Offer posts that either help people in some way (top tips etc), and/or encourage some sort of discussion, or debate. You could challenge some assumptions or ask questions. Don’t necessarily sell or “market” your services, but using your experience in a situation to underline your thoughts and ideas will describe you in positive, professional terms.
And, add a great picture if you can as this works well.
NB: Do you see where it says “write article” at the bottom right of the space where you post? Many people don’t write and publish unique LinkedIn content, but this goes down very well with the LI algorithms. Your article will be noticed, and you are likely to rank accordingly.
Also, consider LinkedIn’s native video. That is, uploading a video directly to LinkedIn rather than pasting a link to other video sites, such as YouTube. Yes, we’re talking one-of-a-kind content once more, and the fairly meticulous LinkedIn search algorithms.
How Often to Post
Don’t post too often. Research shows that uber-frequent posters may be seen as spammers, and equally, your LinkedIn connections simply won’t see them.
We’d recommend posting no more than 3 times per week.
Getting More People to See Your Posts
As we mentioned, not everyone will see your content. So, for stronger engagement and for LinkedIn to deliver your words of wisdom to your connections, see above regarding unique content in the form of articles, rather than just posts.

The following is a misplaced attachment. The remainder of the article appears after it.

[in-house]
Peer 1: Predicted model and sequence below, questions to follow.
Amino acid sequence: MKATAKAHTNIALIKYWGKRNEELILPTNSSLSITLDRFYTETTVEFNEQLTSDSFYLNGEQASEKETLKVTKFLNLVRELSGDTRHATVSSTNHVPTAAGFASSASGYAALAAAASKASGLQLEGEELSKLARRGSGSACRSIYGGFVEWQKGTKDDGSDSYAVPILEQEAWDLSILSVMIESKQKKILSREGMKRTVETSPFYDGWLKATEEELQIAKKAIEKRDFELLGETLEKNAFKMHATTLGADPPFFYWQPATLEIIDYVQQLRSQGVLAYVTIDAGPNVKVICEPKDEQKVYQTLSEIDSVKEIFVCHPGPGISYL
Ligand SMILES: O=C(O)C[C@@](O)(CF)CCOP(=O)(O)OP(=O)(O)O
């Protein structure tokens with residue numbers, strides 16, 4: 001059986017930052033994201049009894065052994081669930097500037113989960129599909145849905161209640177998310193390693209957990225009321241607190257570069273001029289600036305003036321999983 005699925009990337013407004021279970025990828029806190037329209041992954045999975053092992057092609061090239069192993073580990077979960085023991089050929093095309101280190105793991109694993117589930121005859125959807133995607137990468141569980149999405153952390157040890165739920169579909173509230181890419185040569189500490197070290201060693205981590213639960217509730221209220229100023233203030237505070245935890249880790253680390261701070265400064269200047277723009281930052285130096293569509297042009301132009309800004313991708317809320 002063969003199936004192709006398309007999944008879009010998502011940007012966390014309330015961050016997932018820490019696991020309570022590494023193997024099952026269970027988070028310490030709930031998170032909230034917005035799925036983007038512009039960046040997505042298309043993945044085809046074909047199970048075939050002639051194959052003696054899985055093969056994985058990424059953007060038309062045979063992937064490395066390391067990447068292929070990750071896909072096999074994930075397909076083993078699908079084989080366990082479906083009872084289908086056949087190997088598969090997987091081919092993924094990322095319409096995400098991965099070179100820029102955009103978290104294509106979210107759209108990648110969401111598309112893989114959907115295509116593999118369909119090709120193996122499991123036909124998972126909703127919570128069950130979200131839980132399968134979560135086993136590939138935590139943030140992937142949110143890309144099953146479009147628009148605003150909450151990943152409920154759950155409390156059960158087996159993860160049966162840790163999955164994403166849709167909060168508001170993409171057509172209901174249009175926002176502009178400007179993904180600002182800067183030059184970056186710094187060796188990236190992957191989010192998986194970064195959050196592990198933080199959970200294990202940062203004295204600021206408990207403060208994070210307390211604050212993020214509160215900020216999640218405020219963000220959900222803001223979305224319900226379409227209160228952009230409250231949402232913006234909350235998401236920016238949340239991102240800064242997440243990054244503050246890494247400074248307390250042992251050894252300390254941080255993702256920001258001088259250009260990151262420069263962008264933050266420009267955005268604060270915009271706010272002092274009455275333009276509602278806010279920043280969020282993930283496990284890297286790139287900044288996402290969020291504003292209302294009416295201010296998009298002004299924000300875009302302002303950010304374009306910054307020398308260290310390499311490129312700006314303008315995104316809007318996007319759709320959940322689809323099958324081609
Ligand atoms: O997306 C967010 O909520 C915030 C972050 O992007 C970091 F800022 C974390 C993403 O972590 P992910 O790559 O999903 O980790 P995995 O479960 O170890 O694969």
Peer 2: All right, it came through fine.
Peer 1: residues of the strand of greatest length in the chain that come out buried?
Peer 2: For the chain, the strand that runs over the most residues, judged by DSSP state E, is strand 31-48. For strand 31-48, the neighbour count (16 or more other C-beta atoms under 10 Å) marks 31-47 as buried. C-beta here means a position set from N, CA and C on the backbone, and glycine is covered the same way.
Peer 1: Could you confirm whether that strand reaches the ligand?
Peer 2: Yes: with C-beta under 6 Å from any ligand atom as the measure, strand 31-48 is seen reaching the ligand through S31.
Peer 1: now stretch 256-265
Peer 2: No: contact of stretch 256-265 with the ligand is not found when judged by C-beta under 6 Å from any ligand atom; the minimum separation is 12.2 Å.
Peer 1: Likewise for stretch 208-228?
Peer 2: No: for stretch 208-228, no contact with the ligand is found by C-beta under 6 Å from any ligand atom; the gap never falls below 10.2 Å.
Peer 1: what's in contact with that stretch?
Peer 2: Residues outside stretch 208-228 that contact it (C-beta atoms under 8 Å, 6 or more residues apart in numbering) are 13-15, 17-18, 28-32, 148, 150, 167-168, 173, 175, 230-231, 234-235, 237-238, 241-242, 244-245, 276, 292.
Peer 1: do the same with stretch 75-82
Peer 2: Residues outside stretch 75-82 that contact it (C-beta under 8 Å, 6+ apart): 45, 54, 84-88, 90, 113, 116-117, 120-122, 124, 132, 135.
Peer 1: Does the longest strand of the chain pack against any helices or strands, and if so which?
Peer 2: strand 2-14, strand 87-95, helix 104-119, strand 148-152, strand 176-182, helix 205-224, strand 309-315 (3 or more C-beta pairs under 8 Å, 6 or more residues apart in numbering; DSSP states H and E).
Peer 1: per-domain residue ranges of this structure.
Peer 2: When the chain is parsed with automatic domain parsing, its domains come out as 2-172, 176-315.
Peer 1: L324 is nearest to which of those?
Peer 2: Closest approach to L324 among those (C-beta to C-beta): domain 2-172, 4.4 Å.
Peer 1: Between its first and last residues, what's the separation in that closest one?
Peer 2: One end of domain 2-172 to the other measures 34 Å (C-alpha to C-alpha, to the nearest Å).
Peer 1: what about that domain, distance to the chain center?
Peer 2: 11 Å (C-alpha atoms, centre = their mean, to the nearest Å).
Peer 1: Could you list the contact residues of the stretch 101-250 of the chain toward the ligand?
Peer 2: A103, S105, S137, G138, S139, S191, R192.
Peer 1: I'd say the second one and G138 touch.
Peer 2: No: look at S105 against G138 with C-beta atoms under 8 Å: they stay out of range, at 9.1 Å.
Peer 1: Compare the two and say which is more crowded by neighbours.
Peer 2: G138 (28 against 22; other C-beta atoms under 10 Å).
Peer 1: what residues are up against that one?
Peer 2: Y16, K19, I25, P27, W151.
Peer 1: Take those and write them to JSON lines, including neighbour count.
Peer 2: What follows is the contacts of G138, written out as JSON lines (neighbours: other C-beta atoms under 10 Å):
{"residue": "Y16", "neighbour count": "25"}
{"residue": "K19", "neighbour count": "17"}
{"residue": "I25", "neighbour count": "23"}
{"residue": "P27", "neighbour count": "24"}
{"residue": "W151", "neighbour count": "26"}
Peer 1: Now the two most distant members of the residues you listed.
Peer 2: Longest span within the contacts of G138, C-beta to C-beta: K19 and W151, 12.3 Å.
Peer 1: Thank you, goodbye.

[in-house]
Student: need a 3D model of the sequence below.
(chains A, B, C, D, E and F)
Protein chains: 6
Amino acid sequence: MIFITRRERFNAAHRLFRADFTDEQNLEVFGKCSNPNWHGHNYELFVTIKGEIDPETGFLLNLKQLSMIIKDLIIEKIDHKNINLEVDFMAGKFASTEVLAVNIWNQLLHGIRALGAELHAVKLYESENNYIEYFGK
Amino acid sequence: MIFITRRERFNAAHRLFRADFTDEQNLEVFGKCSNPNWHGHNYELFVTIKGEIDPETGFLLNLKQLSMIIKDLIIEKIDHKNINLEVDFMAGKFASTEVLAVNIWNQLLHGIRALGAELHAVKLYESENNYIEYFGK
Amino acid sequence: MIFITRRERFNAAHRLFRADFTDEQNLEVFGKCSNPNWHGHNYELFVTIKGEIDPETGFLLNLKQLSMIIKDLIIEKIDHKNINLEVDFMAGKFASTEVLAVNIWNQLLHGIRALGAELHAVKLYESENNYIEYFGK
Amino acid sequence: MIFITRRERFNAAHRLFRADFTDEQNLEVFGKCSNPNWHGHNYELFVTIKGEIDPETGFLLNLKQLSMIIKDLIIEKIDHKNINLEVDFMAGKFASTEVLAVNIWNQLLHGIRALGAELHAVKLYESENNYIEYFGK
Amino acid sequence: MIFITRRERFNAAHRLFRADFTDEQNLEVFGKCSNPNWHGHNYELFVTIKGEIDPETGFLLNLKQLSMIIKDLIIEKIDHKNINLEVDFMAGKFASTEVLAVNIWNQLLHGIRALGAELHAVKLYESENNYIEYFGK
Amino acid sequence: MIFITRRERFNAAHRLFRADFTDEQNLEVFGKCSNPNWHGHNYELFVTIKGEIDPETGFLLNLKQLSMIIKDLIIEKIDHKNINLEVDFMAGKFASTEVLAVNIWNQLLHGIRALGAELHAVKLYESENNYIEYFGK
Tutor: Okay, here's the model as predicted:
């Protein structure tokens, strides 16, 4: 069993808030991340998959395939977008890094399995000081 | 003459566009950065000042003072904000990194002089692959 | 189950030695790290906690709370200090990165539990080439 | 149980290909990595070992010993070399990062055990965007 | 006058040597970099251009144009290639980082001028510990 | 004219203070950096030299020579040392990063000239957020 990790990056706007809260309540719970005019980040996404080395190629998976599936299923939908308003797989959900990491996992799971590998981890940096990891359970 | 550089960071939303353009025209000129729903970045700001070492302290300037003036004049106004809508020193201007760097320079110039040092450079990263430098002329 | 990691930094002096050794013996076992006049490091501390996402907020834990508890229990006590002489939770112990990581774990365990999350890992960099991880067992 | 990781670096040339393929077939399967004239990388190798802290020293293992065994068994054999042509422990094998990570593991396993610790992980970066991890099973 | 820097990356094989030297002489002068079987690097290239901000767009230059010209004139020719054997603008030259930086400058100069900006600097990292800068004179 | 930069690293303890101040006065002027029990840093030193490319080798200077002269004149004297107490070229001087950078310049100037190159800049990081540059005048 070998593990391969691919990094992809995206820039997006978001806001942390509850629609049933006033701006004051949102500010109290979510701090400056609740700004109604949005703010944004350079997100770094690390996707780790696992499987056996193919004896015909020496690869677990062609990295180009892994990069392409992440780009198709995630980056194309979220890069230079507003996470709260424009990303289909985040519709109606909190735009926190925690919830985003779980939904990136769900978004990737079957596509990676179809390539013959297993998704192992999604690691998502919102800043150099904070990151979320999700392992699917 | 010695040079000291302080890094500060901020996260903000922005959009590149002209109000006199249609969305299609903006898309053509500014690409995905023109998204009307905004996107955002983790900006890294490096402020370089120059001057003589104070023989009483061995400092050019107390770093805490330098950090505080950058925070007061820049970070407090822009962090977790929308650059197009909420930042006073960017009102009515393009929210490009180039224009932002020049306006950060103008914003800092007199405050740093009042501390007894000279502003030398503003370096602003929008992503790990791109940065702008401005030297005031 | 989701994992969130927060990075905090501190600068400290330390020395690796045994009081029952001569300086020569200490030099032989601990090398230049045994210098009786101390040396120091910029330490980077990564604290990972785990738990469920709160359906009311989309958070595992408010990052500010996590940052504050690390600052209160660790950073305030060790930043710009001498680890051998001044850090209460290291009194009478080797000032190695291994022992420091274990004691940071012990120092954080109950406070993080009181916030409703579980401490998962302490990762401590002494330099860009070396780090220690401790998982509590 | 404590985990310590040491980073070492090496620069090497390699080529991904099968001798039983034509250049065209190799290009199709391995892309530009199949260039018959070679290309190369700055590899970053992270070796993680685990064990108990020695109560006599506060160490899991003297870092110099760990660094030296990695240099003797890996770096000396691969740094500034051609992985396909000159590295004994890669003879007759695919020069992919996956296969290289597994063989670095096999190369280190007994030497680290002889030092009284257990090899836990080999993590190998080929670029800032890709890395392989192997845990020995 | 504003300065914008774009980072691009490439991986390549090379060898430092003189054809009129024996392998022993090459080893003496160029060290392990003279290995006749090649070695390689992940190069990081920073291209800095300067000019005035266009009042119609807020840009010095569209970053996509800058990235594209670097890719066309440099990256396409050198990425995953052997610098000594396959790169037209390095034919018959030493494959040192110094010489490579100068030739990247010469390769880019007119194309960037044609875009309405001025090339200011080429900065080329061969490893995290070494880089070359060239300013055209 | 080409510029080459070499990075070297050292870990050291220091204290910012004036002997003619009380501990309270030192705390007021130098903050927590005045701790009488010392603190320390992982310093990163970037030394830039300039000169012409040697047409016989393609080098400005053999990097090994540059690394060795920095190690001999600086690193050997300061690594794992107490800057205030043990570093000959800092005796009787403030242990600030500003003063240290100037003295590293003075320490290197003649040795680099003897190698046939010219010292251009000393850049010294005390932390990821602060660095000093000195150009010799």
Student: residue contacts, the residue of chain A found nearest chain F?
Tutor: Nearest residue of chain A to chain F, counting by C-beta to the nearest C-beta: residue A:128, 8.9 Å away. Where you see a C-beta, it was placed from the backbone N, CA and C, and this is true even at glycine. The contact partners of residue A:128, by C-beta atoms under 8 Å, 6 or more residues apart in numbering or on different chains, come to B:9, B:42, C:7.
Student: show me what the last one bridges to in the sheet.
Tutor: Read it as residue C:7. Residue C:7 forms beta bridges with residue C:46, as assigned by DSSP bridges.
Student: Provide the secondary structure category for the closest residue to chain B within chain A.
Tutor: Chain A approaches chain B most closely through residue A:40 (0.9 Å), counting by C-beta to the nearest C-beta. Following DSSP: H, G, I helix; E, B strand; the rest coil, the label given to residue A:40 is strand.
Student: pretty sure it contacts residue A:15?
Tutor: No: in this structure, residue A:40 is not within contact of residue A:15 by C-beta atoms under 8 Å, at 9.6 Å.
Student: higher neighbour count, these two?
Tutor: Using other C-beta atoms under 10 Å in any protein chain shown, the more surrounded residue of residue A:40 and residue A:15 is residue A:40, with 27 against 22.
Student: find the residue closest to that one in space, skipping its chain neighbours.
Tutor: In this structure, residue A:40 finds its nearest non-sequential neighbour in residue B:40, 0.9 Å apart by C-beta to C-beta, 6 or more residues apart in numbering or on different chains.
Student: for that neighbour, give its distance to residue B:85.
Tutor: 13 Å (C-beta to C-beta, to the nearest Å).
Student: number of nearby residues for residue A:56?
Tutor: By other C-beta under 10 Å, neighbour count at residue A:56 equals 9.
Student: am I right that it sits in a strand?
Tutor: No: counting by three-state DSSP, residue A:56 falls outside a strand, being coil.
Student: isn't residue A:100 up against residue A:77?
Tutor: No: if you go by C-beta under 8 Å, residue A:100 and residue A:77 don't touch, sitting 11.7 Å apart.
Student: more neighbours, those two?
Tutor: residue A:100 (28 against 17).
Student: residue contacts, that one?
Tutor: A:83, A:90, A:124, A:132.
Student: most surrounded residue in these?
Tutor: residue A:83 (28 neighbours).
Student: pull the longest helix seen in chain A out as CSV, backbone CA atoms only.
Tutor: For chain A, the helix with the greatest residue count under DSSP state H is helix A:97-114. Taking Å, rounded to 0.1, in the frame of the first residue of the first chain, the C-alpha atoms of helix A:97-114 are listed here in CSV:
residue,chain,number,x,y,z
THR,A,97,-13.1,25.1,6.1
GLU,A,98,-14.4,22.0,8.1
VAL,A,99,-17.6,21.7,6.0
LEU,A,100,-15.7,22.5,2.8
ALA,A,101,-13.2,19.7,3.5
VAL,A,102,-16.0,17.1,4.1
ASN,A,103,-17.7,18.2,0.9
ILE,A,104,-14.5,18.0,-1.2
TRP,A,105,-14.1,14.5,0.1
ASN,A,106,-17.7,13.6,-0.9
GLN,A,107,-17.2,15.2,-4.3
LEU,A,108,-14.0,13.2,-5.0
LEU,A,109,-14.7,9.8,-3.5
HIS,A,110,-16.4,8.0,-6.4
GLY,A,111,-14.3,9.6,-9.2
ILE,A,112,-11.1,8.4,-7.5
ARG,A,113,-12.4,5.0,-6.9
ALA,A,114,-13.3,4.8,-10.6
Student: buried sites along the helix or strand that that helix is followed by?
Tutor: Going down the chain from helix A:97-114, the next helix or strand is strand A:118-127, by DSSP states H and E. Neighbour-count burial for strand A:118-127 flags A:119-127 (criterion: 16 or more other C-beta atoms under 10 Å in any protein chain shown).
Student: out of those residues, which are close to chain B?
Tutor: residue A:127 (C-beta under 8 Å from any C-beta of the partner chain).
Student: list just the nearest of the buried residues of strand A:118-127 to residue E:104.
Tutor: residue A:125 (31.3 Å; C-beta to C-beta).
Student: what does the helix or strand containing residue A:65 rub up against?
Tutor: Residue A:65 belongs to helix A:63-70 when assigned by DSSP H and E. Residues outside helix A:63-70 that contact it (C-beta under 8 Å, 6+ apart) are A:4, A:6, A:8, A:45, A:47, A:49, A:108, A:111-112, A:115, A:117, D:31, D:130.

Above all, sorry to be repetitive, but we’re back to the content is King concept again. You could:
• Review an experience or an event you attended (virtual, or when we’re all out again)
• Review a business book
• Express your gratitude to someone or about something
• Post a controversial opinion or two – but be careful, you don’t want to offend
For good practice, don’t forget to comment and share others’ posts, and always respond to comments on yours – it’s polite and supports the LinkedIn community.
LinkedIn Premium. Is it Worth the Investment? And Which One?
For business social media purposes, there are three main paid plans (there’s also a LinkedIn Learning subscription)
• Premium Career can help you find a new job. From £24.98 per month.
• Sales Navigator aims to help you generate leads and grow your business. From £49.99 per month.
• Premium Business offers detailed business insights and helps you expand and grow. From £39.99 per month.
These CAN get pricey, so without going into forensic detail here, we’d recommend that you log in to LinkedIn to learn more. And, there’s often a free short-term trial available. However, do you engage fully with the free version? If not, you may want to use more of its features more often, before considering the paid version.
Lastly, our main message is that LinkedIn isn’t really about you. Or rather – what we mean is that self-promotional content has a lower impact than posts and articles that focus on the interests of your audience and your target market.
“Give” much more than you “take” – and you can’t go far wrong, the LinkedIn algorithms will be on your side.
Rachael Dines, Director of Shake It Up Creative